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THROUGH THE WOODS: The blackbirds are back


WE ARE ENJOYING this current warm winter weather and are pleased not to be shoveling snow, and nature seems to think it is already spring. A few days ago I noticed buds coming out and small leaf tips on some shrubs. Our fast-running brooks have no or little ice at this point. Down at the site of my parent’s old farmhouse, the snowdrops are out and cover the ground in white in imitation of the missing snow.

The sun gets higher and more intense this time of year and it is coaxing life to re-emerge. South-facing flower beds have bulbs sending up green shoots. They stopped growing when the temperature dropped one night and the tips were nipped. The first red-winged blackbird of the year is coming to the feeders, plus a large flock of blackbirds on the ground, including many European starlings and some American robins. I don’t think the poor birds know if they are coming or going. Geese are flying north one day and a few days later they are flying south again. I wish I knew what they were thinking. Our deer have their thicker winter coats but are not as furry-looking as usual for this time of year. They are out in the field today eating more grass because it is exposed, and there are nice green patches. The deer are still looking fat.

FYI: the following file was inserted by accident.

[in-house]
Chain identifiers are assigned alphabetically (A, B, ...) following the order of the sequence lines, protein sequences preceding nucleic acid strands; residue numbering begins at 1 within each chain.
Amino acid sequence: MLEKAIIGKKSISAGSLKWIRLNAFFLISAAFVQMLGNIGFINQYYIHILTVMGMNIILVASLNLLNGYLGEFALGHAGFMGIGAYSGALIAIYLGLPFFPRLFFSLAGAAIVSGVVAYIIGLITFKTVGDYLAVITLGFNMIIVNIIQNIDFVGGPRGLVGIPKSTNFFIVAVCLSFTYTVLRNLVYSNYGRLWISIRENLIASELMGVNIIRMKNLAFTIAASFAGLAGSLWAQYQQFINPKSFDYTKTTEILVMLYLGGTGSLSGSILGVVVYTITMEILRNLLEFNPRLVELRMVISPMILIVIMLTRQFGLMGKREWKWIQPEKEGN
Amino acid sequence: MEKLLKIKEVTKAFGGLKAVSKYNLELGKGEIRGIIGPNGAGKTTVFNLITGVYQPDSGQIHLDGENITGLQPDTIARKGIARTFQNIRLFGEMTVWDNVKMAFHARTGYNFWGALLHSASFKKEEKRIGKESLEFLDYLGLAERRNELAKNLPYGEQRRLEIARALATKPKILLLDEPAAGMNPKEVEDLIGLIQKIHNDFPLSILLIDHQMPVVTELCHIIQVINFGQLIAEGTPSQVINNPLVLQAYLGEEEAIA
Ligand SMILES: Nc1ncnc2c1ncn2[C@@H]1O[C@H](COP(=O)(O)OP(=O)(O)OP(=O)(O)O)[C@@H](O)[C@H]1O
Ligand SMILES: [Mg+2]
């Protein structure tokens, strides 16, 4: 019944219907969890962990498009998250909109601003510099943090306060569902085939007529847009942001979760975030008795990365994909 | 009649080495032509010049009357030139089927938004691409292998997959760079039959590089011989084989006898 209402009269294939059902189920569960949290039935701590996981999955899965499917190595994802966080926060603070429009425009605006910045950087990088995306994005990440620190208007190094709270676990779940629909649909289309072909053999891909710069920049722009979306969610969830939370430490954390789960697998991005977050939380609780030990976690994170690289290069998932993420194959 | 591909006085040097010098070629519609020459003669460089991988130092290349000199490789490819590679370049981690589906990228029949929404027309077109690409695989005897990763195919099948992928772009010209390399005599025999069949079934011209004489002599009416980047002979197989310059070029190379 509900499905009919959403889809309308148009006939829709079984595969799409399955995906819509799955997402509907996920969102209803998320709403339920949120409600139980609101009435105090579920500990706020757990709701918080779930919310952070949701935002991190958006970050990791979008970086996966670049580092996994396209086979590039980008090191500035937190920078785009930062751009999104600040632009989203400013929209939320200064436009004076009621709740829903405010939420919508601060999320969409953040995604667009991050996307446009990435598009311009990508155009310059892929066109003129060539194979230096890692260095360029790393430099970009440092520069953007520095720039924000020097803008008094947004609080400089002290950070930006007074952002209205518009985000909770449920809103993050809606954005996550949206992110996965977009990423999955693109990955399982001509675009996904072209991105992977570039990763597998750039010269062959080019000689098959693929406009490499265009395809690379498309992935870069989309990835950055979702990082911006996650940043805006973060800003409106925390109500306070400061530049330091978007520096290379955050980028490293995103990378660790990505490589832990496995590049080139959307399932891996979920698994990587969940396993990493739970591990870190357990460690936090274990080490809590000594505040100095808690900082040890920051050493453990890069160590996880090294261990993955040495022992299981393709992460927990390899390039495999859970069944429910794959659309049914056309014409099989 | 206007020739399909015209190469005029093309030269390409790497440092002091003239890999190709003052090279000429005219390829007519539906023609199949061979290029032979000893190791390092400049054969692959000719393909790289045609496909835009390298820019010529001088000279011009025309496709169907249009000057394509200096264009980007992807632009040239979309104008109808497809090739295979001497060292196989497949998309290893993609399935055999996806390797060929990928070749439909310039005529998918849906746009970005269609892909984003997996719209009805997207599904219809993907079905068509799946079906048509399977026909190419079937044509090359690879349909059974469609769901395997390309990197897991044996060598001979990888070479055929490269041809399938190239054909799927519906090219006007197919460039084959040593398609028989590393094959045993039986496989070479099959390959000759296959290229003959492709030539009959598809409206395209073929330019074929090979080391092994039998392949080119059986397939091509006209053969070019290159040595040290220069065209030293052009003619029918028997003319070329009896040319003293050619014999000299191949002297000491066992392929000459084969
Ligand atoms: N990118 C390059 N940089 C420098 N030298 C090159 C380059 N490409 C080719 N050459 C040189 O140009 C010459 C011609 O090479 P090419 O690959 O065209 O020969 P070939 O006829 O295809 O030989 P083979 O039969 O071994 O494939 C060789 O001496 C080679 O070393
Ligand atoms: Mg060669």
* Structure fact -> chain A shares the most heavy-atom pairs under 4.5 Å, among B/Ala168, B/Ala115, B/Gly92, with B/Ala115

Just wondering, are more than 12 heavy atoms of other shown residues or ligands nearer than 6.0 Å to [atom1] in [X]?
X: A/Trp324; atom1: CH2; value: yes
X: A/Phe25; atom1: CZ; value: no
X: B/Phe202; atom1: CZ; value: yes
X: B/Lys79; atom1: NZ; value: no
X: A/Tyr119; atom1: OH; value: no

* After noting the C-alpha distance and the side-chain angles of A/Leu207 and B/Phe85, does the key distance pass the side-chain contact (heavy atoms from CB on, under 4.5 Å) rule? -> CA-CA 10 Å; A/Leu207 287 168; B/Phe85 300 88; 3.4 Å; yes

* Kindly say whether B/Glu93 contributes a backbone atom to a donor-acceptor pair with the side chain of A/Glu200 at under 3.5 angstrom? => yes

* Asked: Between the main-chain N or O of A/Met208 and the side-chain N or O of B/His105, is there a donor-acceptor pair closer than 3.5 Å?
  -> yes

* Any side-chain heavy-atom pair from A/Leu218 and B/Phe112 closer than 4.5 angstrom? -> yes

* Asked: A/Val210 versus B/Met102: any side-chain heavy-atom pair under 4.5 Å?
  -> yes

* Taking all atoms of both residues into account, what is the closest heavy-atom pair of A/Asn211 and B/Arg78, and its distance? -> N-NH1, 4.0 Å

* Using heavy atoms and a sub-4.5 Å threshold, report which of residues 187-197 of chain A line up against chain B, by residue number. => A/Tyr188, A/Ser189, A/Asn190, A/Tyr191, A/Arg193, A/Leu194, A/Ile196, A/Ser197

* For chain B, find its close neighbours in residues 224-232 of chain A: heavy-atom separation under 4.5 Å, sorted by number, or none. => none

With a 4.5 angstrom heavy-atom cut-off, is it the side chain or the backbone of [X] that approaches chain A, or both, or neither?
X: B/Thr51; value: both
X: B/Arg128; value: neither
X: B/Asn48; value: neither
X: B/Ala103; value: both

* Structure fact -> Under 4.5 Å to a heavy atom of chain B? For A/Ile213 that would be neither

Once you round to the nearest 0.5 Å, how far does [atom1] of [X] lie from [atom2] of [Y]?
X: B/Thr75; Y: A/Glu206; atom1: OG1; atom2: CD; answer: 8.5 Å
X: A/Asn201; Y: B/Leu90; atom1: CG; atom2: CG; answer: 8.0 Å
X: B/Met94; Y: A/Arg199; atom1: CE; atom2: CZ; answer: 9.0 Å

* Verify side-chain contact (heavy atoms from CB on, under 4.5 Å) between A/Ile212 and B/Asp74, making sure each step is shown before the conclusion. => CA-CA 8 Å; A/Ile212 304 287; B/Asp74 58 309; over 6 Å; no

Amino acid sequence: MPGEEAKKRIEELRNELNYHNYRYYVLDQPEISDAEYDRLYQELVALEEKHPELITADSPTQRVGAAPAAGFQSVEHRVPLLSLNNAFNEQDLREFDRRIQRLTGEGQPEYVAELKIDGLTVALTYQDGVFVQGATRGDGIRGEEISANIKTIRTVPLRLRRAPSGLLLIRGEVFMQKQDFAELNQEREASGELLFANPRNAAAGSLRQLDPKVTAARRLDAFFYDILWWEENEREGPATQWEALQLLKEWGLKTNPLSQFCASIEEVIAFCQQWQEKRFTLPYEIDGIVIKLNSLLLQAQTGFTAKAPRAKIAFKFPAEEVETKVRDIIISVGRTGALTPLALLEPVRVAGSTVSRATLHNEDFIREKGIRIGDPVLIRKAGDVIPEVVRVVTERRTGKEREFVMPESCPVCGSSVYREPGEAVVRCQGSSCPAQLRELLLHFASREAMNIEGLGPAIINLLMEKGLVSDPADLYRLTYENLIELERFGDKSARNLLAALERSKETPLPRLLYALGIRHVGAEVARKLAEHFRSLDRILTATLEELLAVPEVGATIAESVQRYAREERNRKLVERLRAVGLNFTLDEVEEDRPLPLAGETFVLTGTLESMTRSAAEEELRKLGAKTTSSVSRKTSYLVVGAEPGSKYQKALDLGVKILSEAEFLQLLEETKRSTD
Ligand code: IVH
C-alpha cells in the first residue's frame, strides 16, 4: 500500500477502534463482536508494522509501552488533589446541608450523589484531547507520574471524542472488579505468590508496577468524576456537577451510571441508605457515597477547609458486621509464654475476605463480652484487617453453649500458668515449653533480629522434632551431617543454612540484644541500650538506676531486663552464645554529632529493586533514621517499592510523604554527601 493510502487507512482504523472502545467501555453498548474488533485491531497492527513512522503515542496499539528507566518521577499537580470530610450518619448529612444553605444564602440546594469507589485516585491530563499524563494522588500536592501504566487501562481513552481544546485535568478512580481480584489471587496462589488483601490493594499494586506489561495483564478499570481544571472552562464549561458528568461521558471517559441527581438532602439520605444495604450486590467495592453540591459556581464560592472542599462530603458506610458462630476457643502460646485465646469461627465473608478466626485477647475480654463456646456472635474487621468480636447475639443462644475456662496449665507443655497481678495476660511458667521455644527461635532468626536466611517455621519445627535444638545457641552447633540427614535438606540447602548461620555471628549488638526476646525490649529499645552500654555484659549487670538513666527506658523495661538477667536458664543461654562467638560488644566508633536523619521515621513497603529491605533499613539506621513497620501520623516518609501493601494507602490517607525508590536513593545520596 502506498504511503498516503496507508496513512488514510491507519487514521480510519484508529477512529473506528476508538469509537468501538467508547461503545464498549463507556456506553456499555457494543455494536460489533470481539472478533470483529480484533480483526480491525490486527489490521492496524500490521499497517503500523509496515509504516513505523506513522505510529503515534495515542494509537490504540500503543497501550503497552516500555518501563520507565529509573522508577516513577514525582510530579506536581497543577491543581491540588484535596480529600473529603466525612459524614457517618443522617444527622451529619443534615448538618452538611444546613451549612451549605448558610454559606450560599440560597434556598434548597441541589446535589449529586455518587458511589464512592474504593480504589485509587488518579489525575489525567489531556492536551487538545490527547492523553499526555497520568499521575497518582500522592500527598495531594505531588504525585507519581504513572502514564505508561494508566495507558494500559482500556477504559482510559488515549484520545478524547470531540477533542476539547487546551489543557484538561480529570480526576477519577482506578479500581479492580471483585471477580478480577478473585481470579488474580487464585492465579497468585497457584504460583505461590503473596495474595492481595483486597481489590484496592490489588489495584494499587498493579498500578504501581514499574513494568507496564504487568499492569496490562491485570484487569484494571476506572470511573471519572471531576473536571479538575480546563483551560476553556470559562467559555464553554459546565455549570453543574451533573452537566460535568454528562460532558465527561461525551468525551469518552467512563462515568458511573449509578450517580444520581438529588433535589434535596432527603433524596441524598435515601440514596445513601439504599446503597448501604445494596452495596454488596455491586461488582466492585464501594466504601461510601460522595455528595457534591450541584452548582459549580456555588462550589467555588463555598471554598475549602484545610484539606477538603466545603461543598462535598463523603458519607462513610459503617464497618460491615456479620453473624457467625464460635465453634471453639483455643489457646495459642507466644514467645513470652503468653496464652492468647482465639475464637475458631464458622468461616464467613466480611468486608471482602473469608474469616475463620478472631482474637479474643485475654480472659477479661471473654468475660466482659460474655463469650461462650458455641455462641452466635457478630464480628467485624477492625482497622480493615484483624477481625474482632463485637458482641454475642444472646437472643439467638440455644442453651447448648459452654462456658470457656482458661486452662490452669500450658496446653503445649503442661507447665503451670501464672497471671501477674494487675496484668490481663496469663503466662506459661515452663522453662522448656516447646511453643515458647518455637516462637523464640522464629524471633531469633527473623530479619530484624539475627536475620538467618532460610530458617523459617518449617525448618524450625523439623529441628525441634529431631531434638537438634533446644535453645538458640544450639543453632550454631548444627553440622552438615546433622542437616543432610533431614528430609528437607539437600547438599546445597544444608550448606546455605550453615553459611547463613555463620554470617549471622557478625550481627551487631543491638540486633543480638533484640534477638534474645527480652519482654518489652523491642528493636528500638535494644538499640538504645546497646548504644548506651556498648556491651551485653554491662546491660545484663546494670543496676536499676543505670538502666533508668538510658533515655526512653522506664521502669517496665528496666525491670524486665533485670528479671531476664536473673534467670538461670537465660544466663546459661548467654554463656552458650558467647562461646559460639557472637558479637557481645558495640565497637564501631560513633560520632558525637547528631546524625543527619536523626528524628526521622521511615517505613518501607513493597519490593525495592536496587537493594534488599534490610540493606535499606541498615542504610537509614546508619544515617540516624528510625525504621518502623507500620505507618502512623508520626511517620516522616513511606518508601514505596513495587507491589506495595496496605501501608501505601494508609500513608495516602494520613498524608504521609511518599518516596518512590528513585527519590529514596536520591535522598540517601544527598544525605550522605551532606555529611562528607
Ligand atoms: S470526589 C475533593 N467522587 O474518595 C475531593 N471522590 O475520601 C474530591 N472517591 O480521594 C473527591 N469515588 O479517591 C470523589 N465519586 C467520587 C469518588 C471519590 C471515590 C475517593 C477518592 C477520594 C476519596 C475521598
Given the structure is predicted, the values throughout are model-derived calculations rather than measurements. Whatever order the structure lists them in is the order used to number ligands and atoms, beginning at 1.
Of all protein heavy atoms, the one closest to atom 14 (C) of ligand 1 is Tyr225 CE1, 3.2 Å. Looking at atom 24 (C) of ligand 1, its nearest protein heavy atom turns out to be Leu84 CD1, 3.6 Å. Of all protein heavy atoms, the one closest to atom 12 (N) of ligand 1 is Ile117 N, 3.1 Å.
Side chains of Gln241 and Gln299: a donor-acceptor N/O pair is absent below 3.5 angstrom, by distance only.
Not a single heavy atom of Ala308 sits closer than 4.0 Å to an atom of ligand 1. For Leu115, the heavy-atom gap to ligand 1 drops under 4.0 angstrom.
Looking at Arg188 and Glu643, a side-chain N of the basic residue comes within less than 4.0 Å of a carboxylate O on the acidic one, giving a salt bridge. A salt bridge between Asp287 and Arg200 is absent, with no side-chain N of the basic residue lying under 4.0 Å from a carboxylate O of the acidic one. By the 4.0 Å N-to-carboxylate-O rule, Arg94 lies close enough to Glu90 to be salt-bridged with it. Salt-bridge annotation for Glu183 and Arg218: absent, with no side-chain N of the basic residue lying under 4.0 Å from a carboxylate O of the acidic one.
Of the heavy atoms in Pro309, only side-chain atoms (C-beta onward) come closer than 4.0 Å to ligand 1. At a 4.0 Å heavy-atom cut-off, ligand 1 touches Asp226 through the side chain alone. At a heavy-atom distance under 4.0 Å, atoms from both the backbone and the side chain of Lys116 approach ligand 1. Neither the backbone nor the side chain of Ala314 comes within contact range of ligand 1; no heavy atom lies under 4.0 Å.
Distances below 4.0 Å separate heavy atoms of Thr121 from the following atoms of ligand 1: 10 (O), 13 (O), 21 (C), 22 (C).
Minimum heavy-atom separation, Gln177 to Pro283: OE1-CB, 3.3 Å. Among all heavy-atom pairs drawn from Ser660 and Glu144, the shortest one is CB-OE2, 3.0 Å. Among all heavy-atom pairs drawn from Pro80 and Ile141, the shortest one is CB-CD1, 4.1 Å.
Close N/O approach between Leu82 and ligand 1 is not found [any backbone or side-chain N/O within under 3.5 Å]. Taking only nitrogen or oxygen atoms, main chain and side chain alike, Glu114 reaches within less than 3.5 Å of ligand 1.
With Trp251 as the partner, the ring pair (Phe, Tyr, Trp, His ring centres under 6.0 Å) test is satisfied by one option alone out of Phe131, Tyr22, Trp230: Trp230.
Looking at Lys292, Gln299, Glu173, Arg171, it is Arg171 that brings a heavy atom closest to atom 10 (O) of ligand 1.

Male red-winged blackbird. Photo by Nancy Jane Kern

I took a ride through Kinderhook a few days ago and did a loop around Best Road, Eichybush Road, and then Route 21 past large farm fields. Many of the fields are harvested cornfields that attract geese, birds, and rodents to dropped corn and other grains and weed seed. One field had about a thousand Canada Geese being harassed by a Bald Eagle. Eagles look for a slow or single bird to grab. An eagle’s strength is amazing and they are probably taking food to a mate on a nest and incubating eggs.

Parked off the road at another cornfield I watched an estimated four thousand mostly red-winged blackbirds feeding, looking like a huge, wriggling carpet of black. At about 4 p.m. they rose up and streamed above the road and headed west toward the Hudson River banks to dive into reeds and cattail beds for the night. Route 9J north of Stuyvesant is a good place at dusk to view this spectacular sight.

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